As the COVID-19 crisis is unfolding in front of us, the lifestyle we have taken for granted has begun to crumble right in front of our eyes. Large scale, high-technology, and a flatter world have been the pivotal principles of the business models we used to produce the creature comforts on this planet in recent times. The unprecedented circumstances we are faced with beckon us to examine the sustainability of the very principles that got us here.
Without any complicated models, we can make three easy predictions for the world under Covid-19.First, self-sustaining and hyper-local enterprises will likely survive this crisis, as they will be least affected. Second, enterprises with longer value chains, that is, with higher dependencies for both production and consumption will find themselves crippled. Third, it is also clear that economies will have to undergo major restructuring to adjust to the new realities of the Covid-positive world.
In light of these predictions, how relevant are scale, technology and mobility? Of course, they are highly relevant, but to be of any service to humanity, they need to be turned on their head. What is pertinent for our time is the philosophy advocated by thought leaders like Mahatma Gandhi, Leopold Kohr and E F Schumacher, that 'Small is Beautiful'. Three significant ideas from these great thinkers that we should pull out from under the rug are: (i) importance of proximate production and consumption, (ii) prioritisation of indigenous and simple technologies, and (iii) promotion of small scale enterprises.
When production and consumption are disengaged with each other and far apart, the adjustment of one, when there are shocks to other, is difficult. Consider an example of an individual, whose meals are produced at home: In this case, one is usually mindful of the resources and effort that goes into each meal, likely to be concerned about the quality of the ingredients and the process, rather than the appearance of the food. In contrast, a person who orders his meals from outside, with no visibility into what it takes to produce, generally undervalues effort, over values taste and optics.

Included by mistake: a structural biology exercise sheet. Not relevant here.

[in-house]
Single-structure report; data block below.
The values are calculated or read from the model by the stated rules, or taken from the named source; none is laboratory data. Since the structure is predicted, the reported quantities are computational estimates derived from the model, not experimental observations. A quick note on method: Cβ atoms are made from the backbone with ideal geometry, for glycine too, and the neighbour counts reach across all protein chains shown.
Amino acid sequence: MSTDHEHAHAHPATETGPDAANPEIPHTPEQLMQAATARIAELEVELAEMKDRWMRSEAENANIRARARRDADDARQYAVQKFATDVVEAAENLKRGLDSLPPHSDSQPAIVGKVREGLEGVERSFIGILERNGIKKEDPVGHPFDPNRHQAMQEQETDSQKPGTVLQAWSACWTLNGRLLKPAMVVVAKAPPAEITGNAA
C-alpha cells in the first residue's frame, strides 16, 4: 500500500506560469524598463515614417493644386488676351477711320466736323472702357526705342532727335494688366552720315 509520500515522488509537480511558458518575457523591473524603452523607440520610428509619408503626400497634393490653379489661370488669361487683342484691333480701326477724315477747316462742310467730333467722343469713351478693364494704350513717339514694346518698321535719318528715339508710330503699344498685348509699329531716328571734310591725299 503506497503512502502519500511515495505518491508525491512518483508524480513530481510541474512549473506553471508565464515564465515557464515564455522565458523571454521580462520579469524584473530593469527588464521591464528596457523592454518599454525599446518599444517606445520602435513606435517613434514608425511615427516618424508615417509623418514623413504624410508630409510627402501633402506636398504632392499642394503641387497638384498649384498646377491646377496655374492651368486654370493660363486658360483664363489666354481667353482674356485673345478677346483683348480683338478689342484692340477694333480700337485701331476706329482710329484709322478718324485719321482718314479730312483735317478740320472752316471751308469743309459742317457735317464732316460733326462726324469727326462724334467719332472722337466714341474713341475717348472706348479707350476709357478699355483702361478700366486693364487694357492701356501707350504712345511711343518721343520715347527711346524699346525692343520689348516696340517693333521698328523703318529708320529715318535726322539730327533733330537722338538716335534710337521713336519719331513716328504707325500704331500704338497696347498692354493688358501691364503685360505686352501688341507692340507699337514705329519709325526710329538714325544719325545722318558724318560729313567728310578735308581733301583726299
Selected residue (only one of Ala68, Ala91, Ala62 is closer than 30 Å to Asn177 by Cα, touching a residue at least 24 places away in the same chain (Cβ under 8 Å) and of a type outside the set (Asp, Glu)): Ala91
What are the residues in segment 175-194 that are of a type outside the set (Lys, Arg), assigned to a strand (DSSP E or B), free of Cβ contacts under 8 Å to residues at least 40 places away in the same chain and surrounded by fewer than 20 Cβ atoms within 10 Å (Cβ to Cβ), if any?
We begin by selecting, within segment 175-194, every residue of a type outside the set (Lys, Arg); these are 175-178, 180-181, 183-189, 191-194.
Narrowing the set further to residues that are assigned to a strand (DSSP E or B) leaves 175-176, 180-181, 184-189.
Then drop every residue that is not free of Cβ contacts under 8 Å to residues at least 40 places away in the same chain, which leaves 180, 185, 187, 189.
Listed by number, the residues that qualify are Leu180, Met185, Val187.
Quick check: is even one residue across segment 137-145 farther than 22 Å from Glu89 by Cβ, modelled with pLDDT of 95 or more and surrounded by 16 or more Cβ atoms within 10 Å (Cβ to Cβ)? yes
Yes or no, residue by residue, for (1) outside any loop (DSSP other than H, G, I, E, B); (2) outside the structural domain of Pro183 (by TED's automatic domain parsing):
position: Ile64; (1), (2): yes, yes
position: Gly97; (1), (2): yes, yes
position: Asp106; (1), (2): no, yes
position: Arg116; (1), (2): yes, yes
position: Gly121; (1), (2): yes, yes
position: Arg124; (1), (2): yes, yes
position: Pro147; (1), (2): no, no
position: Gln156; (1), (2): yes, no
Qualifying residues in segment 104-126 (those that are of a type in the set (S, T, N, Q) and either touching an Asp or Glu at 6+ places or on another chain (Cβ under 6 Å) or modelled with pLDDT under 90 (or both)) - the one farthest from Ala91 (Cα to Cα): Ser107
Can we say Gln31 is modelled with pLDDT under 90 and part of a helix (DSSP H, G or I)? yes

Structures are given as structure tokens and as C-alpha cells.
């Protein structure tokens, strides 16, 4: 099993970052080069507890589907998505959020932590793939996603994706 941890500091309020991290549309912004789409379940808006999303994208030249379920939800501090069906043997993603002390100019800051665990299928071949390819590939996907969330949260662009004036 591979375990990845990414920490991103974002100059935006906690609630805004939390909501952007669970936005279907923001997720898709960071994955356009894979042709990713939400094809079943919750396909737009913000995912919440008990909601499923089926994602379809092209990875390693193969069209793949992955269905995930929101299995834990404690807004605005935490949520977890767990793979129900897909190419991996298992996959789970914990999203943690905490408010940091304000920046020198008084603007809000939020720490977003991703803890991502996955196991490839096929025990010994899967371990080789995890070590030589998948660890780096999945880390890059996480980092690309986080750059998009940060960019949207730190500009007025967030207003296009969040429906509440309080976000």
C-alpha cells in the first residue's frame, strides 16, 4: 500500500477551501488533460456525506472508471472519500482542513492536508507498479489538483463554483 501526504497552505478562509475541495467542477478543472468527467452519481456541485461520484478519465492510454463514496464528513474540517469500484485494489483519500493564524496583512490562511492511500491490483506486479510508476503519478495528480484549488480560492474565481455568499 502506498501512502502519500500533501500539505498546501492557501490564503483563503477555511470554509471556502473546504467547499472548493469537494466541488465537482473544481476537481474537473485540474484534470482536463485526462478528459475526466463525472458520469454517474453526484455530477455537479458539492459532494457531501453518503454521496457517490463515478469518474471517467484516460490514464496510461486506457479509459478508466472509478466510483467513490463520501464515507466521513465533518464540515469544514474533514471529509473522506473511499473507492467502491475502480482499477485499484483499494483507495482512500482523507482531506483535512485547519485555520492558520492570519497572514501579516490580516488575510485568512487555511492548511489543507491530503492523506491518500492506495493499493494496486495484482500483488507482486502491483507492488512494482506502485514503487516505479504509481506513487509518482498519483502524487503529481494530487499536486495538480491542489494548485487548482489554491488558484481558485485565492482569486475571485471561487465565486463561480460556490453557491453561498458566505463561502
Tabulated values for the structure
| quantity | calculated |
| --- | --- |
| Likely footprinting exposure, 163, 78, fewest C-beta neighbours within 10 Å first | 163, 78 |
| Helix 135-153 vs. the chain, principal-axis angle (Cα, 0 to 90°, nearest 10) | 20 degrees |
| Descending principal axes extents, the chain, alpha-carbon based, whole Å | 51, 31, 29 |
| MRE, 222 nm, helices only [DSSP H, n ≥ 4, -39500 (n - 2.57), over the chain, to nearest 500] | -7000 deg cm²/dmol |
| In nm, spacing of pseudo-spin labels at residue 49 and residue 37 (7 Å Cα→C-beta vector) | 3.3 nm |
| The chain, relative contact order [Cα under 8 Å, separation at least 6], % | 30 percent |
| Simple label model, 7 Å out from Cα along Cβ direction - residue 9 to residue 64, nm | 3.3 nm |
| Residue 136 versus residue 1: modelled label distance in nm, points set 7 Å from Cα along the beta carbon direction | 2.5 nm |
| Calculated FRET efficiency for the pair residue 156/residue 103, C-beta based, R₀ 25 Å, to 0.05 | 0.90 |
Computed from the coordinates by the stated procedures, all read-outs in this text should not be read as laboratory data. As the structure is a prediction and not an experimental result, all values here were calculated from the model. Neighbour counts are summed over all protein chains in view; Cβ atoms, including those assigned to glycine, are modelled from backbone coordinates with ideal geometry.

The factory approach of mechanisation may increase efficiency but not resilience. For example, if a consumer is unable to order because of sickness or the restaurant has a temporary breakdown, neither could care less, will perhaps only worry about finding the nearest substitute. During periods of shock, in particular, a mechanical system resorts to just finding substitutes where there is a deficit. However, when production and consumption are proximate, both adjust simultaneously. For example, in case of meals produced at home, if the individual is sick, less amount is produced, and less is consumed—the adjustments are easier. Proximate systems are not just resilient, they are human(e), plus they have other benefits for supply chains too.
When producers are connected to consumers, there are fewer links that can break. Responsiveness is naturally better in times of crisis. Customers would also be able to influence the producers through direct sharing of information, which helps with customisation as well as quality control. In addition, more value can be apportioned to the producers. Proximate systems also reduce total inventory, need for long transportation cycles and the associated carbon footprint. Locating production closer to consumption is also a first step towards toning down our aversion towards indigenous technologies.